Nowadays, variable-speed WTs are grid friendly machines
in most power quality respects. The power electronic devices
with advanced semiconductor technology and advanced
control methods that are used in WTs for transferring power
from the generator to the grid can meet the most demanding
grid requirements seen today. However, there are issues with
regard to the power quality, voltage stability, transmission
The Industrial Ph.D. project “Harmonics in Large Offshore Wind Farms”
supported by the Danish Ministry of Science, Technology and Innovation,
project number 08-044839, and DONG Energy Power, Electrical Power
Systems and Analysis.
Ł. H. K. is a PhD student at the Institute of Energy Technology,
Aalborg University, 9220 Aalborg, Denmark (e-mail: [email protected],
phone no. +45 99 55 78 51).
C. L. B. is with Institute of Energy Technology, Aalborg University,
9220 Aalborg, Denmark ([email protected]).
J. H. is with DONG Energy Power, Skærbæk, 7000 Fredericia, Denmark (email: [email protected], phone no. +45 99 55 29 89).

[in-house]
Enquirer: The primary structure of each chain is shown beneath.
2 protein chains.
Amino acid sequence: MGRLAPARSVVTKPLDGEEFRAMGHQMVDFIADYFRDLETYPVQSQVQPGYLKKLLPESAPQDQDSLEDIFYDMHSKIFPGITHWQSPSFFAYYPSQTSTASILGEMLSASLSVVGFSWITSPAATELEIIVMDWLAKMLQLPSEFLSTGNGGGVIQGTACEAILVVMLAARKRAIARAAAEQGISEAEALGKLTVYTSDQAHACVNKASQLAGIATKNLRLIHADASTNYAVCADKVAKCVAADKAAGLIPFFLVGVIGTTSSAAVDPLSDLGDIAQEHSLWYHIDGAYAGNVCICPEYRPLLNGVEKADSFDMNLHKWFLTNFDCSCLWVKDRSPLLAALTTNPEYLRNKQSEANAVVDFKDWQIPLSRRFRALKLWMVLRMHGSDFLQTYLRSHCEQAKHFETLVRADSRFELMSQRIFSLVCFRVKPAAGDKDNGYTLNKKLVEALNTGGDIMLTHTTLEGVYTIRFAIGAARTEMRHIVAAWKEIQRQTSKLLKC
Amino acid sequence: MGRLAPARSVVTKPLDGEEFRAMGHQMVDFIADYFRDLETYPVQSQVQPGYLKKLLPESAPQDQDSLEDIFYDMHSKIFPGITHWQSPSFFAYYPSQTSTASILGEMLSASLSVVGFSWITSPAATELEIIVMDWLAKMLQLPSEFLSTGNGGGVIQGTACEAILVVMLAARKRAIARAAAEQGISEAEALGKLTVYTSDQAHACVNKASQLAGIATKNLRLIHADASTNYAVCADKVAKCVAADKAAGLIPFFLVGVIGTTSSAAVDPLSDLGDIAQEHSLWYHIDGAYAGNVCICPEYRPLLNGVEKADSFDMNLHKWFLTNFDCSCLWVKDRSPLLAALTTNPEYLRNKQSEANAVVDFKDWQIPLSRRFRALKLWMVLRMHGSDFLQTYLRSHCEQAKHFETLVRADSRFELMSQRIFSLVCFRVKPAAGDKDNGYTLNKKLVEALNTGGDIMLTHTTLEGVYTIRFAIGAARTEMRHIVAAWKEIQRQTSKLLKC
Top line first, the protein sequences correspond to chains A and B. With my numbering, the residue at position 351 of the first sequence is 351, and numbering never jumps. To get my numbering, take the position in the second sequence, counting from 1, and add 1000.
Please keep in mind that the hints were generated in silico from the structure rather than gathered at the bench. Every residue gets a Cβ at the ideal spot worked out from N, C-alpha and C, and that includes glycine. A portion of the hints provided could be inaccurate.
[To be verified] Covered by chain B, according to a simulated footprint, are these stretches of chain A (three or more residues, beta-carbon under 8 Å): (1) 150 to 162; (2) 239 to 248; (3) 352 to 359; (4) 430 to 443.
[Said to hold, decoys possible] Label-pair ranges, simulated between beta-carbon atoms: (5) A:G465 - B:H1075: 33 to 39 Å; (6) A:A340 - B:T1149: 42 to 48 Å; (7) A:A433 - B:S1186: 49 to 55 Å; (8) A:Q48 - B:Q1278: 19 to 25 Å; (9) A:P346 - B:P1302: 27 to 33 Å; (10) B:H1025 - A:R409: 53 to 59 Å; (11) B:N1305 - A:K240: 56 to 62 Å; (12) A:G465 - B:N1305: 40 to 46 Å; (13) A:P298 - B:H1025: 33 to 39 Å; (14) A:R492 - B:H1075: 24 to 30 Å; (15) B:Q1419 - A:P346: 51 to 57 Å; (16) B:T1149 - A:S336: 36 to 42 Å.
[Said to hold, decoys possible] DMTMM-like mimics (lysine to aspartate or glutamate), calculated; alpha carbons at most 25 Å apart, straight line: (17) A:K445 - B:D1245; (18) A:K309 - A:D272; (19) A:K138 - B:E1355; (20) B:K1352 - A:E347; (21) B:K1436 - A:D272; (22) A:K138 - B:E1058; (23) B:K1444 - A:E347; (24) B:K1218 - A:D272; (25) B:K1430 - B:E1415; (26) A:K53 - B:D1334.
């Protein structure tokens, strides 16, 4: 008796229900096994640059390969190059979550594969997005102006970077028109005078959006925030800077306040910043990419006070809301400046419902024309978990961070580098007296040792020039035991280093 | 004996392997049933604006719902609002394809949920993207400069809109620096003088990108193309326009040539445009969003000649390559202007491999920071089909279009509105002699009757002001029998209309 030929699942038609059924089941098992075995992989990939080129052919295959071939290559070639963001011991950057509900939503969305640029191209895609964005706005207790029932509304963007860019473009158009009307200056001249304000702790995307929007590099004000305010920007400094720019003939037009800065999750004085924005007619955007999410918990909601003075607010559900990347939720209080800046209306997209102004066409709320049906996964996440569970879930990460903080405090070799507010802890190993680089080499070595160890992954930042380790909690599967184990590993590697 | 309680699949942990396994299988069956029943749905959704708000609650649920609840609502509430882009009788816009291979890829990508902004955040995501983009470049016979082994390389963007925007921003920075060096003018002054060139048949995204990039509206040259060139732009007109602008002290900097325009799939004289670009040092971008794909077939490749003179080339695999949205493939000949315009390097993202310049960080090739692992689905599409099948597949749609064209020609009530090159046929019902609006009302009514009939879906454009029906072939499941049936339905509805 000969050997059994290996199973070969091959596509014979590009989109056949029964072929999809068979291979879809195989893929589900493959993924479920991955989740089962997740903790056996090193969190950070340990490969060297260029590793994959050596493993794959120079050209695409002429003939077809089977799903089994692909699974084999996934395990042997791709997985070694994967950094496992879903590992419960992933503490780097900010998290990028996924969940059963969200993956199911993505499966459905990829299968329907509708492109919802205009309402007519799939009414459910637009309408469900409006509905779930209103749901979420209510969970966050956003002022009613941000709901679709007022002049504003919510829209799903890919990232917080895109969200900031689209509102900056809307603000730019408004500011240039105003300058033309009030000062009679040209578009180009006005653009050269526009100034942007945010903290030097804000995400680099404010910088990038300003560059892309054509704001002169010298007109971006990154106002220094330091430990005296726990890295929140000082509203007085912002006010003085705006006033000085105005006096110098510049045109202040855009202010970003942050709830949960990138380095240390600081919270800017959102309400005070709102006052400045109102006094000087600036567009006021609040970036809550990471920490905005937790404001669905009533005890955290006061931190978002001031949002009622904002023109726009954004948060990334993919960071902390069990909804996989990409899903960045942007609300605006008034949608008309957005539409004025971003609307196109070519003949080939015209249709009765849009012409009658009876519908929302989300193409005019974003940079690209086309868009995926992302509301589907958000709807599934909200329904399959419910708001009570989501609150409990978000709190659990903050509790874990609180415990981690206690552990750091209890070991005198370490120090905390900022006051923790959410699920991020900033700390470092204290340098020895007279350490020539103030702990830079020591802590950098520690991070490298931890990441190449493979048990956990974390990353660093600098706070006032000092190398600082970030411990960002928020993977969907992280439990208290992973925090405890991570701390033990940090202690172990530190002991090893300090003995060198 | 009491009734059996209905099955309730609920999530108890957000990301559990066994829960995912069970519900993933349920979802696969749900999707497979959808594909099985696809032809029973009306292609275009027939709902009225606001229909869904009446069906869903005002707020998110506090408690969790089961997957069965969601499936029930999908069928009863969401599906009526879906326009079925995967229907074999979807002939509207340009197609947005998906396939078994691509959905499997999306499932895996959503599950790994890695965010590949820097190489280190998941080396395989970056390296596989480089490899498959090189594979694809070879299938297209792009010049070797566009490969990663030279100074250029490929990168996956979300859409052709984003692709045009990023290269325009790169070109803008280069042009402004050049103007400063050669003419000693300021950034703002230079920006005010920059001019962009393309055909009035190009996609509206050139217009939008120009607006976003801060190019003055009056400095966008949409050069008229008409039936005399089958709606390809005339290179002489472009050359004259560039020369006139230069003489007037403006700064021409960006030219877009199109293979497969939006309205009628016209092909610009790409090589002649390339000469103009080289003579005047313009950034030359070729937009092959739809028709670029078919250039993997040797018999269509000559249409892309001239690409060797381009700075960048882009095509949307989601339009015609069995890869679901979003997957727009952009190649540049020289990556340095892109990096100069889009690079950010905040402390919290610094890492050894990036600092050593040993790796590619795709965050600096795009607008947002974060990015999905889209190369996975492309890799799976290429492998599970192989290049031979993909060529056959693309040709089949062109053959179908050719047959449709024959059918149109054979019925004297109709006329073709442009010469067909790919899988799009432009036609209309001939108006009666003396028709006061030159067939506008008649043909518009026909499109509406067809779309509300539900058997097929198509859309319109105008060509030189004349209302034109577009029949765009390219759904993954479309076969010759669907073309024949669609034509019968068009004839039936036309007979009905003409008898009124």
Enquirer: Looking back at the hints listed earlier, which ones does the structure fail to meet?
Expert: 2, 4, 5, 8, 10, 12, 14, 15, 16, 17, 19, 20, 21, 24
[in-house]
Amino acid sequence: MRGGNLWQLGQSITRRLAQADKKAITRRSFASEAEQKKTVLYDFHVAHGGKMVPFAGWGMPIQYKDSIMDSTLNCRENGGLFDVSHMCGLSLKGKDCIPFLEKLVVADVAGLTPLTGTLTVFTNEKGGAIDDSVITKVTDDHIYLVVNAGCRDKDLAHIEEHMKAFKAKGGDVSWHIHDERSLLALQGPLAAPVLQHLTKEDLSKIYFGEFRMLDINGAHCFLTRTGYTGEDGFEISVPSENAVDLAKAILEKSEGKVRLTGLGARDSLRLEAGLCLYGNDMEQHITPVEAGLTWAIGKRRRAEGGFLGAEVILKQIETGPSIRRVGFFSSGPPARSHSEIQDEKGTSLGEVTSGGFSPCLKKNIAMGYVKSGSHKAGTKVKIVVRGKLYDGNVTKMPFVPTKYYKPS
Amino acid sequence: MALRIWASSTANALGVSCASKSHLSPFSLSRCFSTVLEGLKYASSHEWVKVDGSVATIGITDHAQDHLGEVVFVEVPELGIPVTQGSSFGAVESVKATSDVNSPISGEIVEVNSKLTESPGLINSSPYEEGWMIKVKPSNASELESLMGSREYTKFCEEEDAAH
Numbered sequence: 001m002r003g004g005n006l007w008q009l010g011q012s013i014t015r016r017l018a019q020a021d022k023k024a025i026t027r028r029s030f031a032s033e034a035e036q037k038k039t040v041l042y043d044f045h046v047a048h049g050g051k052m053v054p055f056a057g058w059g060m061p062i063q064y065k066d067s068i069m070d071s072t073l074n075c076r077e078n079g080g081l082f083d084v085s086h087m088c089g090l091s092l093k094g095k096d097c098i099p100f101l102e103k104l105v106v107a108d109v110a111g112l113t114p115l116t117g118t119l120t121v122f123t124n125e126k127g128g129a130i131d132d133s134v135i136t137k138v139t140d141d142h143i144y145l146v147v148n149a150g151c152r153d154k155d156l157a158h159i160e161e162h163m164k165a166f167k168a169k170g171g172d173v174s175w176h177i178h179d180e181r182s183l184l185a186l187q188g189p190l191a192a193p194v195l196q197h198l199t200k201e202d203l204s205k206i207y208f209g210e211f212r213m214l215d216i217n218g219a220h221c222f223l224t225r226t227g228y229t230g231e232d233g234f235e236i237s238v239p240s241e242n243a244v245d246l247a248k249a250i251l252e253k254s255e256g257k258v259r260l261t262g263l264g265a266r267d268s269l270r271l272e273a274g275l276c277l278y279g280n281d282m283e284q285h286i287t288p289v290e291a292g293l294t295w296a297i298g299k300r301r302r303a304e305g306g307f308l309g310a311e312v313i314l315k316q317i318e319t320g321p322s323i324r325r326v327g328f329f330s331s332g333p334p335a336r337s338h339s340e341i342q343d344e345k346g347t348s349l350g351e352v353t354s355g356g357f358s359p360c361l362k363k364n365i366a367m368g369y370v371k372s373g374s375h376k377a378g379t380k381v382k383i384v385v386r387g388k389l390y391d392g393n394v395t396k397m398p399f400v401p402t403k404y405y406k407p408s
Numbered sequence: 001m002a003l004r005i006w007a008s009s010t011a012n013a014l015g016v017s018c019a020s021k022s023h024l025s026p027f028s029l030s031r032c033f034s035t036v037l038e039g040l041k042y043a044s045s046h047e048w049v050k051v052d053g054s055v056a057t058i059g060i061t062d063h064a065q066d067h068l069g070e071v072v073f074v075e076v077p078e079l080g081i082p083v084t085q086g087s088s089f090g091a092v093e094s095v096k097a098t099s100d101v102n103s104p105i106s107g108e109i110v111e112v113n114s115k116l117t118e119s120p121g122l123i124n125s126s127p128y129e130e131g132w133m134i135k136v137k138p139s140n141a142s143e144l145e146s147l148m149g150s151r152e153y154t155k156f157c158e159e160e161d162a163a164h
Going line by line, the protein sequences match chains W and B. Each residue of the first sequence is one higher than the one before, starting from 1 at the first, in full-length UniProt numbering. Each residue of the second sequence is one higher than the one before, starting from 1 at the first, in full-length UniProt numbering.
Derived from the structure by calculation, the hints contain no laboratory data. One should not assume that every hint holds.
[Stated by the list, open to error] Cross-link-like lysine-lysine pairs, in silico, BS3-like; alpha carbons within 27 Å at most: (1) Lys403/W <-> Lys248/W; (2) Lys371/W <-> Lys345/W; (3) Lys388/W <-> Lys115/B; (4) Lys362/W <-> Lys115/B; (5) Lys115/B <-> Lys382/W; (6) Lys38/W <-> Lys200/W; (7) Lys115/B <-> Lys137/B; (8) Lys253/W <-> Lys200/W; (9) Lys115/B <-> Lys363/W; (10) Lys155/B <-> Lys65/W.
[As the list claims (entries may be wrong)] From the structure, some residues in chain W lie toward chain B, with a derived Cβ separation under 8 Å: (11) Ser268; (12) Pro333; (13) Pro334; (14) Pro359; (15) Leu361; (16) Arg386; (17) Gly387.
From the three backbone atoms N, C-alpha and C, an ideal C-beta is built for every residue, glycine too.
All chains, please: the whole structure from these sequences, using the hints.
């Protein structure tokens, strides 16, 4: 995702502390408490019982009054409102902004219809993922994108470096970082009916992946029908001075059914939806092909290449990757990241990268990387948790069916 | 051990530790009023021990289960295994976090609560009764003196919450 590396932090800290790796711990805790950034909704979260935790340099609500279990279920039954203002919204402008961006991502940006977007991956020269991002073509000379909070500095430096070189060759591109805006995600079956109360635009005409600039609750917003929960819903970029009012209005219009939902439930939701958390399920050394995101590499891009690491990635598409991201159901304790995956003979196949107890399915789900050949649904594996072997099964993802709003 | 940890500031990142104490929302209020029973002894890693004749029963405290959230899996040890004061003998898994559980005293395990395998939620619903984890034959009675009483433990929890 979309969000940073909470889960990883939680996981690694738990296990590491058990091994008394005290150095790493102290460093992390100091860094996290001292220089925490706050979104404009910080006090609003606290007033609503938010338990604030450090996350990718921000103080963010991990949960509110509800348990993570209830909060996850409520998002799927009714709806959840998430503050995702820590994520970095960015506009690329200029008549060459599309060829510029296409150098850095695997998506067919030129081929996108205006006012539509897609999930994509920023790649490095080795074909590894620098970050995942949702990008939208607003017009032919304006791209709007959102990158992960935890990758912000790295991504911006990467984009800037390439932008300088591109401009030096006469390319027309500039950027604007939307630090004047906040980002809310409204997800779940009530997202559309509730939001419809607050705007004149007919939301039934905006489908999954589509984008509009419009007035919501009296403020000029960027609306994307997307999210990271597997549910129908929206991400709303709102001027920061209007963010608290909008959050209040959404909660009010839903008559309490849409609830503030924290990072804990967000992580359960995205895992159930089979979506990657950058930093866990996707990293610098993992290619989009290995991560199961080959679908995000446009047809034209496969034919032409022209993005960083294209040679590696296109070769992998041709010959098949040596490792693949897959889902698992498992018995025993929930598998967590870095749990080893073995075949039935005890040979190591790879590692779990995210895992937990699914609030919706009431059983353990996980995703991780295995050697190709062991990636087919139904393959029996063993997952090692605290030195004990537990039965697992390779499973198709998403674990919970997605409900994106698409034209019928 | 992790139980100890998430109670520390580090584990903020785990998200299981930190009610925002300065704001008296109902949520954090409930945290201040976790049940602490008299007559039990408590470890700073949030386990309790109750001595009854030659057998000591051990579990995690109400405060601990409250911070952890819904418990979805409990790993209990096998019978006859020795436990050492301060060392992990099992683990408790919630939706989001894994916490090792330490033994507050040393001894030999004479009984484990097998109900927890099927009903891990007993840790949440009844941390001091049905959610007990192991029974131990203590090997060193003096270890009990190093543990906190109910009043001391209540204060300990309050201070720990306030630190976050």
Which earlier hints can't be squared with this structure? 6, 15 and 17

Paper submitted to the PhD Seminar on Detailed Modelling and
Validation of Electrical Components and Systems 2010 in Fredericia,
Denmark, February 8th, 2010
losses, and reliability that need to be addressed and improved
in order to exploit the potential and advantages that large
OWFs have as important elements in the efforts to reach
renewable energy targets while maintaining a stable and
robust power system.
A. Nowadays wind farms
performance is a critical issue in light of increasingly
stringent grid connection requirements. These days, modern
wind farms provide a sophisticated set of grid code friendly
features. This is achieved by using sophisticated WF control
systems
for integrating external control signals,
measurements, the control systems of the individual wind
turbines, and centralised units such as park transformers, SVCs
etc. The full-scale converter WTs concept is an important
technological advantage to reduce constraints as far as the
fulfilment of grid code requirements is concerned. Technology
provided by most WT manufacturers can support the grid
through reactive power supply, and it can be operated similar
to a conventional power plant. Additionally, with the reactive